As the epicenter of this movie's flux, Emma as protrayed by Tilda Swinton is a landmark example of atypical casting. In a superbly understated performace , there is vulnerability, a genuinely tender heart and innate grace in her layered portrayal. As the middle-aged mistress of the house who was transplanted decades ago to this very rich family, Emma remains polite, sincere and down-to-earth, gaining trust and acceptance of its insiders. The opening sequence is a splendid synecdoche of her temperament. Though she is the queen of the mansion, she calmly and keenly attends to the planning of the momentous family dinner thus showing her commitment to the nitty-gritties. At the dinner when her father-in-law (who is fond of her) makes a good-natured jab at his grand-son,she looks at her ward with a special blended expression of amusement and sympathy that does not go overboard. To mollify her daughter for whom the rest of the family also claps in sympathetic encouragement, she holds and kisses her and then with delicacy and feeling utters some words inaudible to us, in a fashion uncannily similar to how the "royals" make seemingly involved small-talk with the ballboys-'n'-girls in Wimbledon pre-match ceremonies. Towards the end when grieving Emma, her formal gown unchanged, slumps into bed in a small spartan room set away from the rest of the grand house, and Ida wakes her up next morning with a gentle 'You have to get up' and Emma slowly awakens with a beleaguered face, throughout this ordeal there is never any forceful sorrow displayed yet it is easy to sense the deep ache in her bones and soul.
Swinton is slim and tall - two definite physical assets but she's not an automatic choice for a leading lady as we've known from her previous films. This is where director Guadagnino's perspectives are telling - he says : " I think beauty is a very overrated concept. In particular what is overrated is the idea that beauty comes objectively. From this perspective I'm not interested in it at all. And I'm definitely not interested in style. I'm interested in form, in the shape of things. And in commitment to the degree of never letting go the quest for the meaning of things. That can come off as beauty and style, but that's not where I start from."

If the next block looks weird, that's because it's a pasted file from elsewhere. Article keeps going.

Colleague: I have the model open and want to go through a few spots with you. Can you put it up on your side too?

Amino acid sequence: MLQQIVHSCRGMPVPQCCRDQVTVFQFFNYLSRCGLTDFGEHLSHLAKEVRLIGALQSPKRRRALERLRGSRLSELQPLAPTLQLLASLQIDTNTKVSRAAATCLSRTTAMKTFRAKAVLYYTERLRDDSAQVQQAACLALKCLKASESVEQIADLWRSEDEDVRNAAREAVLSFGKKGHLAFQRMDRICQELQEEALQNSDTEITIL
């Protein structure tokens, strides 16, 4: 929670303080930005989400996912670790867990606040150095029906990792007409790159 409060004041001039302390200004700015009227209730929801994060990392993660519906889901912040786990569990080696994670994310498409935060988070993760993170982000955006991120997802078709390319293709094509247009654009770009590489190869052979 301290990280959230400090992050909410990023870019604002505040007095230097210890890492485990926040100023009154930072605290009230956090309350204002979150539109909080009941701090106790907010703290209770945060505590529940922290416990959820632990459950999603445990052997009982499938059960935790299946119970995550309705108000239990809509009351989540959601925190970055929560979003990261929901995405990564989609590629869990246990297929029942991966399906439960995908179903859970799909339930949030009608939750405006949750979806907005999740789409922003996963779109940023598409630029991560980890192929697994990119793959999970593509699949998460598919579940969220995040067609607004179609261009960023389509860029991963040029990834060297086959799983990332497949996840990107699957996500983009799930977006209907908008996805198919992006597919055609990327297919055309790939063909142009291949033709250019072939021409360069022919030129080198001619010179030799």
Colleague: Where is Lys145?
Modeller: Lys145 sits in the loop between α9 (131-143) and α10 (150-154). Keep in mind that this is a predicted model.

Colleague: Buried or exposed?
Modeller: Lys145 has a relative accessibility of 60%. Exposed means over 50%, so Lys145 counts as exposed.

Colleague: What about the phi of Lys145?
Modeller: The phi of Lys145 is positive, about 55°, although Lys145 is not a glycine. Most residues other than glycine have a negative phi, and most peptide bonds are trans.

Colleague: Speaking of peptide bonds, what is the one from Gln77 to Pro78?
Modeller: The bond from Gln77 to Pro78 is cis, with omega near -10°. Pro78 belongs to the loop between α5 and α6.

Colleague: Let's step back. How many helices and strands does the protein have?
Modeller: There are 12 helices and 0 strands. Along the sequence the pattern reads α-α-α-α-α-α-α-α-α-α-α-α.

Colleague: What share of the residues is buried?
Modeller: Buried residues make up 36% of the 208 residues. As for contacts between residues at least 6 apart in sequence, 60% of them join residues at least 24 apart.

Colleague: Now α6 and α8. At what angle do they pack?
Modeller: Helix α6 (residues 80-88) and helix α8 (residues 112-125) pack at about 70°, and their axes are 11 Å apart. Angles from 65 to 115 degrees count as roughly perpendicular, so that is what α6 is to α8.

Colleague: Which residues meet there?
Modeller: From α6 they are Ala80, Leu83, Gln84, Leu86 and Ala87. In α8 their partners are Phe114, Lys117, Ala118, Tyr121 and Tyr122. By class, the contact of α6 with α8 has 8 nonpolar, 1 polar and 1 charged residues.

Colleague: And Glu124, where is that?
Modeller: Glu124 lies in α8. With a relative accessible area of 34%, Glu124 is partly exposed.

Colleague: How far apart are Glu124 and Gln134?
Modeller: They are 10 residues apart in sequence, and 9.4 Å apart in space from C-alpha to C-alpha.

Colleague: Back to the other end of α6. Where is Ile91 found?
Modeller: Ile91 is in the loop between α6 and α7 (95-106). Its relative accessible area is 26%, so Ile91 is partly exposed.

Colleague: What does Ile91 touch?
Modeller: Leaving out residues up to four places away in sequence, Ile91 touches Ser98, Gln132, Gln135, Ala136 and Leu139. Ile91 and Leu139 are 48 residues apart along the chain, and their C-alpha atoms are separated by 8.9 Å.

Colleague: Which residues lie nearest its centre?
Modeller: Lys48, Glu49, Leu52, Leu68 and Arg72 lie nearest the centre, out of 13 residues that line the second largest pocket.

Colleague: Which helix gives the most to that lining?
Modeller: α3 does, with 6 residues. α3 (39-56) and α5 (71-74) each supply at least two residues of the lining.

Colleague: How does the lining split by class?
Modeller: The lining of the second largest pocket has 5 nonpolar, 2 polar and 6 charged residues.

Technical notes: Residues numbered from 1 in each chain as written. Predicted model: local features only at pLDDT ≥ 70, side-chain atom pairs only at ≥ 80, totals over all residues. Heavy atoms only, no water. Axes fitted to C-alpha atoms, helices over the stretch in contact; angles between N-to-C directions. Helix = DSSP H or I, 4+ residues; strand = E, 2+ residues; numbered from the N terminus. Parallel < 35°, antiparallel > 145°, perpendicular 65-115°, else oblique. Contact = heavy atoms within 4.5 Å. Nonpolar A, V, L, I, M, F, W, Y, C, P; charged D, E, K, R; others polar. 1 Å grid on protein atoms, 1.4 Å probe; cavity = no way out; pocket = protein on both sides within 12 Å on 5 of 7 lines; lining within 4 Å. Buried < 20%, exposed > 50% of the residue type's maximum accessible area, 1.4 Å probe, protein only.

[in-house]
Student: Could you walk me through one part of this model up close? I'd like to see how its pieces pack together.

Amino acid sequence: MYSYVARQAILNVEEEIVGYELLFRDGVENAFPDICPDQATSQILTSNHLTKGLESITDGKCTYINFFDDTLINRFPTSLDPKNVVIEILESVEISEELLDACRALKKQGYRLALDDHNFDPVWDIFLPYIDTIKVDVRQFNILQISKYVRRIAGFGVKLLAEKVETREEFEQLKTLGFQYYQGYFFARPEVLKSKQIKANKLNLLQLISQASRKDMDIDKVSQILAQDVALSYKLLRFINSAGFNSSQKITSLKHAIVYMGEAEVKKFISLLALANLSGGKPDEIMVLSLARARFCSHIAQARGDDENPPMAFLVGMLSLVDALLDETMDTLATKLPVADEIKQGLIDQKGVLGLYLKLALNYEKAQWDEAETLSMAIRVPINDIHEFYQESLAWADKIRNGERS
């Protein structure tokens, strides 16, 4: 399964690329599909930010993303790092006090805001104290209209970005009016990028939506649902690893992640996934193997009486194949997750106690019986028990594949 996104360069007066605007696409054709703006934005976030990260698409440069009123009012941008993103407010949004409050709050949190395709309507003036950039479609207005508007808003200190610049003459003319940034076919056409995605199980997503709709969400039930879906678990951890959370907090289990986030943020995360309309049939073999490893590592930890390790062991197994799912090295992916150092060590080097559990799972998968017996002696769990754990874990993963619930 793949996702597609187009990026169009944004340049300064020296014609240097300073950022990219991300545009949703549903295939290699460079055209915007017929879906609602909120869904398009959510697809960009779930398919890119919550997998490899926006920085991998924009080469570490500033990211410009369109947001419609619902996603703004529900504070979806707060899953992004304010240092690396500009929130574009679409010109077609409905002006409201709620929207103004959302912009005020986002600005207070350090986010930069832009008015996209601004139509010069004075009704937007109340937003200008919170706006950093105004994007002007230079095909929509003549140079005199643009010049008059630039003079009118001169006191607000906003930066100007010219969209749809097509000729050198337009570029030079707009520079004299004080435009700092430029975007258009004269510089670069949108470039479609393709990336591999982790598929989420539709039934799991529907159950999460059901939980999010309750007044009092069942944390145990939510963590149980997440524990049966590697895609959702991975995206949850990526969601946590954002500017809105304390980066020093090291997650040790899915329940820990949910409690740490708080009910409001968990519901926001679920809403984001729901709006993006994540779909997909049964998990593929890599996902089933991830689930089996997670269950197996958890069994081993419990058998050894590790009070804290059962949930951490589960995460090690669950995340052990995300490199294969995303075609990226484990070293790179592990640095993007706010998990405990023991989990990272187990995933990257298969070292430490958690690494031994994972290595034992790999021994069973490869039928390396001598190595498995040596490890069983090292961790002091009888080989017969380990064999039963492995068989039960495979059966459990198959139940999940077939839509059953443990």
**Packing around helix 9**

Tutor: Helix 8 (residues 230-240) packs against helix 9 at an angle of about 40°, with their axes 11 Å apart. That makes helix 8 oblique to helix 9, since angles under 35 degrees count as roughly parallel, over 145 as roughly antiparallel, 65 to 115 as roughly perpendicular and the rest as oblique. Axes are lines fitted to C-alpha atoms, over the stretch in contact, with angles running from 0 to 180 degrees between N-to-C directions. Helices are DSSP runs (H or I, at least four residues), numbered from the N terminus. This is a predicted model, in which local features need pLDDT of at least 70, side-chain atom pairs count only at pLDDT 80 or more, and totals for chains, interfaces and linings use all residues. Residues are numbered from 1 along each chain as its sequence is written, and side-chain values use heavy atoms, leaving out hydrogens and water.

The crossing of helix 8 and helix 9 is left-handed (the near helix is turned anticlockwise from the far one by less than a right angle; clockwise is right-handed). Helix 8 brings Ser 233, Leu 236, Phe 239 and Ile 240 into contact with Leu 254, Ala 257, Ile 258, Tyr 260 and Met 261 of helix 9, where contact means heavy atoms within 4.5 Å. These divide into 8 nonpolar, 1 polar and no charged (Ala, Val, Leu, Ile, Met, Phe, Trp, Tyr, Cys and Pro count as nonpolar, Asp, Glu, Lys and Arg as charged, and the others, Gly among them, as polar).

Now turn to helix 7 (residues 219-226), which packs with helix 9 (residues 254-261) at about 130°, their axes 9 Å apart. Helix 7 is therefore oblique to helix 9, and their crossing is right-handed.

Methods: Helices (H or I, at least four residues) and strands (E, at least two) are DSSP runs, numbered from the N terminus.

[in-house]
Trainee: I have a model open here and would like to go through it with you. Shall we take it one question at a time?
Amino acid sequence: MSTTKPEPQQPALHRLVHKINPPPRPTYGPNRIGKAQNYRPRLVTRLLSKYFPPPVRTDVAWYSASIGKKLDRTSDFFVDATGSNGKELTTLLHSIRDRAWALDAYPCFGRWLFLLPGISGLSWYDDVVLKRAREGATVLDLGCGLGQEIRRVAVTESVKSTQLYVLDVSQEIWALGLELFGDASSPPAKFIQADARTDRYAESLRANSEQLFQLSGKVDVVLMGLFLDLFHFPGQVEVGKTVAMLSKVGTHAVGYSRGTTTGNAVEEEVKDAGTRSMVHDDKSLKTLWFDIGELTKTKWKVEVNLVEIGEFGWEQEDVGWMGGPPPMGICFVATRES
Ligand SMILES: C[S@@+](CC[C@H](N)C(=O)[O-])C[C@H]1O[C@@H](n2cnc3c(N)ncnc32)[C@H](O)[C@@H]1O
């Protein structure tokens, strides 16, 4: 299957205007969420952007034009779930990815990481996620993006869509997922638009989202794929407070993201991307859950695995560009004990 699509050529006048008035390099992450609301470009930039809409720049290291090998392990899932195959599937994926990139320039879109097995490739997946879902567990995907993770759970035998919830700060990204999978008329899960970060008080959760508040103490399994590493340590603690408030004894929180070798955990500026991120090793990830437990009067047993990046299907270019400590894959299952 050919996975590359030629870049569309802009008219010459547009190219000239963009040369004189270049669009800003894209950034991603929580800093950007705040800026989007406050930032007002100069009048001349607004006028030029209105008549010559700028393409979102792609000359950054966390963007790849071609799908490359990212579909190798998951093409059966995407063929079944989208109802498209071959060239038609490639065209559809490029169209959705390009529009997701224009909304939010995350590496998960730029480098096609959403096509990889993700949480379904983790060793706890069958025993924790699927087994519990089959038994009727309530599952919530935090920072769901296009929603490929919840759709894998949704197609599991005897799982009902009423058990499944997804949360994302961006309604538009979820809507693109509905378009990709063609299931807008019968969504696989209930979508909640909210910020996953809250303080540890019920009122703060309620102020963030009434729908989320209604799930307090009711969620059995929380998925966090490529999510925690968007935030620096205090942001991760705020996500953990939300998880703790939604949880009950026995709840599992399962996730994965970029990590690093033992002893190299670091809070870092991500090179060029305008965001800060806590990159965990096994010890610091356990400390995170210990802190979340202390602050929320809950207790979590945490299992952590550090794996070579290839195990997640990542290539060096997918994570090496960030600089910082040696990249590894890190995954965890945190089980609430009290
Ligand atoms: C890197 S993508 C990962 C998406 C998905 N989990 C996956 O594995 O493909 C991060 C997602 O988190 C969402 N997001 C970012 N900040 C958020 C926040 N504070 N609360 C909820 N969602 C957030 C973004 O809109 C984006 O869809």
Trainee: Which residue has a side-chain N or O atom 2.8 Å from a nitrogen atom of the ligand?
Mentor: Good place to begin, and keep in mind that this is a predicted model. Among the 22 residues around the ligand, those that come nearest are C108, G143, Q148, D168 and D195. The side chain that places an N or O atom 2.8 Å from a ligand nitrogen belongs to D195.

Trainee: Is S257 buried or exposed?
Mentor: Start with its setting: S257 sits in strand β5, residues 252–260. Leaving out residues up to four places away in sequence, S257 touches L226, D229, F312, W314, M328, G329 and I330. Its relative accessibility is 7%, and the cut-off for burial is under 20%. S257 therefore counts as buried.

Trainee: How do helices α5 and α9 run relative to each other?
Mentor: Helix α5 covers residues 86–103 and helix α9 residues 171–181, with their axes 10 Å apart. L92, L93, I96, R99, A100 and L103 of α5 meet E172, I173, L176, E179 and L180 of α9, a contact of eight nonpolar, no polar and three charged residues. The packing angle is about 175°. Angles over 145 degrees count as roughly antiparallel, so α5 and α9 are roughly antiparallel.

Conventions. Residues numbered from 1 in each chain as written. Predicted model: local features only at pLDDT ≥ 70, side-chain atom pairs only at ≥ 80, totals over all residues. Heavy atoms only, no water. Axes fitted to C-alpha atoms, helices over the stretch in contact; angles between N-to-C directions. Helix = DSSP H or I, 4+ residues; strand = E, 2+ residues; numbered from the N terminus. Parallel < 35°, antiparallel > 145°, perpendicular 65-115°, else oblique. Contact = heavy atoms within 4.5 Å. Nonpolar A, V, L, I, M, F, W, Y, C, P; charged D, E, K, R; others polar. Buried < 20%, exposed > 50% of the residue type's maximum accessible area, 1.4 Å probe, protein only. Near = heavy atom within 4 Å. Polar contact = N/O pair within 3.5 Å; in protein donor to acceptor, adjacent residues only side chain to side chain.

Pic : (L) Director Luca Guadagnino , (M) Maria Berenson , (R) Tilda Swinton
Why does Emma make that (to use a polite sophisticated word) "crazy" choice to throw away everything - respect, family, huge wealth, societal approval  - just to follow a call of the heart? If she actually decides to stay on with her new-found lover, she will be in her seventies when he is in his fifties. It may be plainly stated that Emma belongs to that category of ladies, of less than one in hundred, who have the capacity to make a choice, greatly damaging to so many people, so late in their lives because their heart never got old; it has remained dangerously young and devoid of the circuitry that makes the usual brain such a safe place. The other vital answer is that she is a construct of director Guadagnino - a man who has led the kind of life he has, knows very well the savage price one pays for being true to heart. 
Other critics have carped that the penultimate phase of the film descends into stereotypical melodrama. Yes it does - an uncomfortable situation partially resolved by an extreme turn of events, with grieving thereafter. Even here Guadagnino is perhaps slyly offering a play of contrasts as if to say - yes, this is your bit of standard-issue TV soap with its familiar suds and tears - only to show us in the ensuing phase which is the finale how he takes the same template of melodrama and launches it into the empyrean.
It starts with a preamble piece in a high-ceiling church superbly informed by silence from the composer. The usually prim and elegant Emma, now devastated, has never looked more miserable than she is made to look in that damp cathedral. The orchestra then magnificently rears up for the next part of the finisher back in the mansion - a finale that dazzlingly blends cinema with opera. The course of events is pretty simple but is directed with monumental vision. Frenetic physical movement is married to an earthquake of detachment as a life-altering decision is quickly made. A lady places her hand on her heart and looks at her misty-eyed daughter - there are no words but we sense what is being advised. Ida weeps grievously and we feel her crushing sorrow. There is a swooping movement onto an empty carpet and thence to those grand glass doors which are now ajar...
Even the textured canvas which fills the screen to carry the end credits, is a work of art. 
Incredibly, there is inserted an epilogue of sorts, lasting only a few moments, set in a cave - akin to a vaguely savoury wholly out-of-place tidbit at the end of a show-stopping dessert. It's as though Guadagnino looked back to see the enormity of what he had achieved and then decided in a demented nebulous state of mind to besmirch a corner of the canvas at the end. 
But that matters little. What remains towering is a work the aesthetics of which can proudly establish entry into the international textbook of how to make a film. And on a personal level, lo Sono L'Amore will last as an elegant anatomic detailing of that invisible weapon of mass destruction called love.